Marty Resnick and Kevin Gabbard, Gartner Inc.

Marty Resnick and Kevin Gabbard, Gartner Inc.

The threats associated with modern enterprises remaining stagnant and focusing on previously successful business models cannot be understated. The world is fastchanging, and leaders are struggling to keep up much less look ahead for what’s next. Furthermore, local, national and global organizations are so intertwined through social, economic, political and technology disruptions, and emerging trends, that it becomes imperative that enterprises work to discern how one single disruption may impact an entire industry.

Enterprise Architecture and Technology Innovation Leaders, with direction from the CIO and collaboration from business leaders, should use Continuous Foresight to engage disruption and build the differentiation that will bring their organization into the future. In an age of volatility, uncertainty, complexity, and ambiguity (VUCA) – organizations require leaders with the skills and vision to lead their organizations by continuously inventing the future.

Continuous Foresight

Continuous Foresight is a new term from Gartner that leverages the best practices of Strategic/Corporate Foresight and Futurism to continuously validate business models and strategies, as well as understand how to adjust, either to make progress and be successful. Gartner’s formal definition of Continuous Foresight is a discipline that an organization perpetually uses to gather process and take action about the information on their future business models and operating environments.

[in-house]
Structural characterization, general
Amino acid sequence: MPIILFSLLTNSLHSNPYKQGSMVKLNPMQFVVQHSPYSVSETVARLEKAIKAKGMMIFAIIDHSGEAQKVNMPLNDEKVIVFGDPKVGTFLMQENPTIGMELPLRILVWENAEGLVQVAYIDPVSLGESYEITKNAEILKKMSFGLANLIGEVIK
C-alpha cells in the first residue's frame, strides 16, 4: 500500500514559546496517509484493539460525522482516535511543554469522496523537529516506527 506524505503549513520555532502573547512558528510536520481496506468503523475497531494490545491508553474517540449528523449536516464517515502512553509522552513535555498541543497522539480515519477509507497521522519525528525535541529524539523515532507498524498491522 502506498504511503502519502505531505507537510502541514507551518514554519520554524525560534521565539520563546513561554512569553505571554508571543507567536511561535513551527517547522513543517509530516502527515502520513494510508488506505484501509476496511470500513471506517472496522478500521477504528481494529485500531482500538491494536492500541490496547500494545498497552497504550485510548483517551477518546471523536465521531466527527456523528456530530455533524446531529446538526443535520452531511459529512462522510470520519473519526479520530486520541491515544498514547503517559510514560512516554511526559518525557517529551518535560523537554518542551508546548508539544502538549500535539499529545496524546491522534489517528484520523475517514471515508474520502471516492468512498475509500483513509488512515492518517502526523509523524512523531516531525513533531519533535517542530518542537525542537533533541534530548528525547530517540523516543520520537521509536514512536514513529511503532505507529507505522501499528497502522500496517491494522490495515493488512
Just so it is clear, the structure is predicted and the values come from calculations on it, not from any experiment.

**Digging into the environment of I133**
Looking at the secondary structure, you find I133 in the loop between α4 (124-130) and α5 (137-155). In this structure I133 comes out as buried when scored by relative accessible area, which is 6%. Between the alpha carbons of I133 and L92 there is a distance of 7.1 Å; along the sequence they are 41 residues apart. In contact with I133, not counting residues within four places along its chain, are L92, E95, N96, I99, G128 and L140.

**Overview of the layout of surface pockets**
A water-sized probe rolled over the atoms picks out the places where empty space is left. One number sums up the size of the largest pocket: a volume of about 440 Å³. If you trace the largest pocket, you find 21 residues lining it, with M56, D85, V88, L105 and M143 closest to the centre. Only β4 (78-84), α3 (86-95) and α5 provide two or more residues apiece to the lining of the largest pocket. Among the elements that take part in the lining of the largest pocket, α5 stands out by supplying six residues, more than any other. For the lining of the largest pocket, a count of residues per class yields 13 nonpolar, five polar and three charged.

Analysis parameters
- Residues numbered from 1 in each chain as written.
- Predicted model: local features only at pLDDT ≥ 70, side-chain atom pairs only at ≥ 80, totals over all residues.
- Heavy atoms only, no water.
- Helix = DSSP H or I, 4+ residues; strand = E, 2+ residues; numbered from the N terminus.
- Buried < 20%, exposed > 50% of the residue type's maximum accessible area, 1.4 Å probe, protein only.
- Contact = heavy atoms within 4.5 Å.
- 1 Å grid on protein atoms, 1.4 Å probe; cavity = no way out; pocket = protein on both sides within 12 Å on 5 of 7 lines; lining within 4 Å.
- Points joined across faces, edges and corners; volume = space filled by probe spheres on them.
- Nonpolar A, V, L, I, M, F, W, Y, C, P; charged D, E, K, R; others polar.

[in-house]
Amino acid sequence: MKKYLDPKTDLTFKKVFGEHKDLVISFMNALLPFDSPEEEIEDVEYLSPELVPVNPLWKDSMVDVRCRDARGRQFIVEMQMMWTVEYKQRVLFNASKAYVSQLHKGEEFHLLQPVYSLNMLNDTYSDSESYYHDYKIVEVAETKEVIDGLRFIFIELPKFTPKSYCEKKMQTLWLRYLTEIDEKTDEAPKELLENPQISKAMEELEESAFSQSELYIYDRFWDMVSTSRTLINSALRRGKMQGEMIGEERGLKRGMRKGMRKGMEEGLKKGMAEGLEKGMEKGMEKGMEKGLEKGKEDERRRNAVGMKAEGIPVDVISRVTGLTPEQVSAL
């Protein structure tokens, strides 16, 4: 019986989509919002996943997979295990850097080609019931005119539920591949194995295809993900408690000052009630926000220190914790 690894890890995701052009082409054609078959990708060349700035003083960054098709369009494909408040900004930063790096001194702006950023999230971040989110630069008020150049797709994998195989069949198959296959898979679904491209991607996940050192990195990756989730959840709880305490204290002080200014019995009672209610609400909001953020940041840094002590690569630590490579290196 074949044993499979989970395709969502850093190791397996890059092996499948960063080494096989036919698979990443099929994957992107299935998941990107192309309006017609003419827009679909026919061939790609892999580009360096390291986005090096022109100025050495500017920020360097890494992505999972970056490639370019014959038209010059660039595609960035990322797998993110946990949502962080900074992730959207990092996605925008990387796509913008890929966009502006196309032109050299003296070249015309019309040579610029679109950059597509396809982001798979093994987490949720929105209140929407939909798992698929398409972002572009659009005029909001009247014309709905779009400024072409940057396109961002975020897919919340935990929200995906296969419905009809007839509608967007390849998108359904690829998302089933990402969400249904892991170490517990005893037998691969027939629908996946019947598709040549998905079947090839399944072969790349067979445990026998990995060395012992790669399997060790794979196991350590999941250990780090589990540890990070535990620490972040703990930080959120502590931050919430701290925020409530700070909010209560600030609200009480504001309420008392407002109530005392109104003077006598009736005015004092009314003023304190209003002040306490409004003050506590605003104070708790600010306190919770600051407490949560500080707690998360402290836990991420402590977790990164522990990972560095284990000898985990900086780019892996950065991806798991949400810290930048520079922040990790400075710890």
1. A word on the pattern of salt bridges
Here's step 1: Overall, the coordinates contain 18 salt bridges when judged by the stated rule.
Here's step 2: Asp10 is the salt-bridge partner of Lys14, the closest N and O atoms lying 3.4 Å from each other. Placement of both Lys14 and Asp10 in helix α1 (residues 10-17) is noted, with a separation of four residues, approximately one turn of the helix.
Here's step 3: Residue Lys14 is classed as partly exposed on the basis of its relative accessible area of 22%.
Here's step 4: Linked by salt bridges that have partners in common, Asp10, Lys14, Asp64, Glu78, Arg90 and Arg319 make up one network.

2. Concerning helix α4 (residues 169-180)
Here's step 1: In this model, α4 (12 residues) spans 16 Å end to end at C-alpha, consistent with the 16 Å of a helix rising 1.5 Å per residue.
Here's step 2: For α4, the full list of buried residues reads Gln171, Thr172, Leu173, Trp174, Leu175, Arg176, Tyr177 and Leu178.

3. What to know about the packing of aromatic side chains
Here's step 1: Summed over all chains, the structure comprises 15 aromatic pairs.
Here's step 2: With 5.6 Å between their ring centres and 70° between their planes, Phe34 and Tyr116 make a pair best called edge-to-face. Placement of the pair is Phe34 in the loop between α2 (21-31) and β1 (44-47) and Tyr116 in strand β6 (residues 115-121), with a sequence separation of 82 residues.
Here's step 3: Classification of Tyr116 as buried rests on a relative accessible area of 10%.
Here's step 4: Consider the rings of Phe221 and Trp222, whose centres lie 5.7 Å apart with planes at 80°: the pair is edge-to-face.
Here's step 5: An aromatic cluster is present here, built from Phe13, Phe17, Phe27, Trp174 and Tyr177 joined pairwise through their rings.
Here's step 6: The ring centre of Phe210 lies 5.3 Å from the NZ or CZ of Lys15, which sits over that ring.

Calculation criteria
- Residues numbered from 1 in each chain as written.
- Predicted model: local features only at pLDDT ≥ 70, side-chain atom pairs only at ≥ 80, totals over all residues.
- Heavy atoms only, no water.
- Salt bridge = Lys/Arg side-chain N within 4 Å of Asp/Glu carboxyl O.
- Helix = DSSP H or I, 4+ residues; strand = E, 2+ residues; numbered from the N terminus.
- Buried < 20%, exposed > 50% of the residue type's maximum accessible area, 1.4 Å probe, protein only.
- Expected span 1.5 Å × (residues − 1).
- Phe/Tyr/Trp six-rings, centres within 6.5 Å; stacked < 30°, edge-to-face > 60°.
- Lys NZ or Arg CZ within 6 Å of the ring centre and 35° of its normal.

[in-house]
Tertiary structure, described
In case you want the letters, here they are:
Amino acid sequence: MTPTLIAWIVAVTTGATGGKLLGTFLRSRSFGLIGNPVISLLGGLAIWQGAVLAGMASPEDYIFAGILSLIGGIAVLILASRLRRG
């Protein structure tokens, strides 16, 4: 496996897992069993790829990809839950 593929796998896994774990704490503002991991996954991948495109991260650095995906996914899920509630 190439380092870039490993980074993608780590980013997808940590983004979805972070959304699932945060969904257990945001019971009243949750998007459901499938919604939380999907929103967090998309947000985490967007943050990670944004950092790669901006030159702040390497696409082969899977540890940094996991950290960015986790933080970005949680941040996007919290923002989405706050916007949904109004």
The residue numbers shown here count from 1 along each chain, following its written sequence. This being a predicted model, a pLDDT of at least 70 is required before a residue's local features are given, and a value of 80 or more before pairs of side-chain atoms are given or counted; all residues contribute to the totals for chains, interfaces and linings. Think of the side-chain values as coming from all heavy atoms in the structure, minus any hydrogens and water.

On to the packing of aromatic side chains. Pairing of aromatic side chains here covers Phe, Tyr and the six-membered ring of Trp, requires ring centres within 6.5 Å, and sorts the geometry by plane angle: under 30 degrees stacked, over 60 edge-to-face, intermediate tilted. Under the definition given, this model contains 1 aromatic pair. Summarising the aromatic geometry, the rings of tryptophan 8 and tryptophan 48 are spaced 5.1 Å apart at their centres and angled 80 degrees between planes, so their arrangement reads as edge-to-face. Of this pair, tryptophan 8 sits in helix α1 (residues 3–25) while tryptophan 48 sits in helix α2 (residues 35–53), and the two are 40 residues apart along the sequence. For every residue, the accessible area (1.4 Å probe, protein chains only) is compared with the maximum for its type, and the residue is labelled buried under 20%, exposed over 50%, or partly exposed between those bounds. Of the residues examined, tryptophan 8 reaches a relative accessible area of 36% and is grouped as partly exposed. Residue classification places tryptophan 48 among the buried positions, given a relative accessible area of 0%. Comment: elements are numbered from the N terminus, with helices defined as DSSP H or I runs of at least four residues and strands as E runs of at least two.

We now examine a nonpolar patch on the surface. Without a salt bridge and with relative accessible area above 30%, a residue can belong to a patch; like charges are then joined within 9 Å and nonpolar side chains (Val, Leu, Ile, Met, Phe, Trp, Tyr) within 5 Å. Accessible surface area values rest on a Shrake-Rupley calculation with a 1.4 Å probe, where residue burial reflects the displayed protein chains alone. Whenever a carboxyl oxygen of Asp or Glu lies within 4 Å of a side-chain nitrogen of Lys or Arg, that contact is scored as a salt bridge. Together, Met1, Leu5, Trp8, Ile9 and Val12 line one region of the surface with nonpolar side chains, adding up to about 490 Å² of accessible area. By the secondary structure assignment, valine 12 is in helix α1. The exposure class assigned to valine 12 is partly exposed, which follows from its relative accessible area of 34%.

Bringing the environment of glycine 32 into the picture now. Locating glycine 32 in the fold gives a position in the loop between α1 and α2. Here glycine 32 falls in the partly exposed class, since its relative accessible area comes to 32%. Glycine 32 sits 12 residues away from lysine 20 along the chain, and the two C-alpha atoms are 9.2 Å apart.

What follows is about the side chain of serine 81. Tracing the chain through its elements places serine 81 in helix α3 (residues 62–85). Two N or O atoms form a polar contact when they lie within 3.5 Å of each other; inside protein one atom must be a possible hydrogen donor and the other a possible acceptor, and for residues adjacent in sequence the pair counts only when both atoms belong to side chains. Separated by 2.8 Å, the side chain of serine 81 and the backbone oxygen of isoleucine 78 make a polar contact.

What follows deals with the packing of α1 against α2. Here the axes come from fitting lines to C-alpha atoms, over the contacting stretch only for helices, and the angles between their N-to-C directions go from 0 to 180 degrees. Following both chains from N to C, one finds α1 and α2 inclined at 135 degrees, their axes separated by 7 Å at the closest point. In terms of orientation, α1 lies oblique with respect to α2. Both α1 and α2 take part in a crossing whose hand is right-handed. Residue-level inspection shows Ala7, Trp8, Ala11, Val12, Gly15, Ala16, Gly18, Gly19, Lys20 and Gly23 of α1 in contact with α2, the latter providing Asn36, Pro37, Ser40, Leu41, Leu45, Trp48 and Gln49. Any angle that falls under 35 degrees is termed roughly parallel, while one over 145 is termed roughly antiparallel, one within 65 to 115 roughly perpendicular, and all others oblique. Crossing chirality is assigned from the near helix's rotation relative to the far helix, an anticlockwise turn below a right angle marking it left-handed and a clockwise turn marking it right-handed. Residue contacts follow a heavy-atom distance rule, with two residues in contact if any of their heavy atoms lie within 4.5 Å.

Leaders who embrace a Continuous Foresight mindset build stronger, more innovative and more adaptable organizationsultimately leading them to a preferable future 

Ultimately, Continuous Foresight is an organizational mindset. It is not merely a technology, tool, or framework. It is not just about the latest technology hype, and it is not a project that occurs one time. It is about continuously scanning and responding to disruptions that will impact your business and threaten to undo the digital transformation you have worked so hard to achieve. The future isn’t linear, and the mindset for how to anticipate and exploit it should not be either.

Practitioners of Continuous Foresight must consider levels of uncertainty that become clearer based on using hindsight, insight, and then Foresight to anticipate the impact disruptions will have on the future. The lower the level of uncertainty, the better organizations can not only predict and respond to those disruptions but exploit them towards a preferred future based on business and customer outcomes. Furthermore, Continuous Foresight is a set of practices that organizations use to drive desired results and attain superior positions in markets of the future and achieve real digital transformation.

Continuous Foresight is not limited to and should not start with technology. Organizations must start with how an inbound change that is outside of their control is going to affect their organization, positively or negatively, and how they need to respond to those changes. For instance, it is not about how an organization implements artificial intelligence (AI) and why, but more about how AI will impact business models in the future and how to respond or exploit it.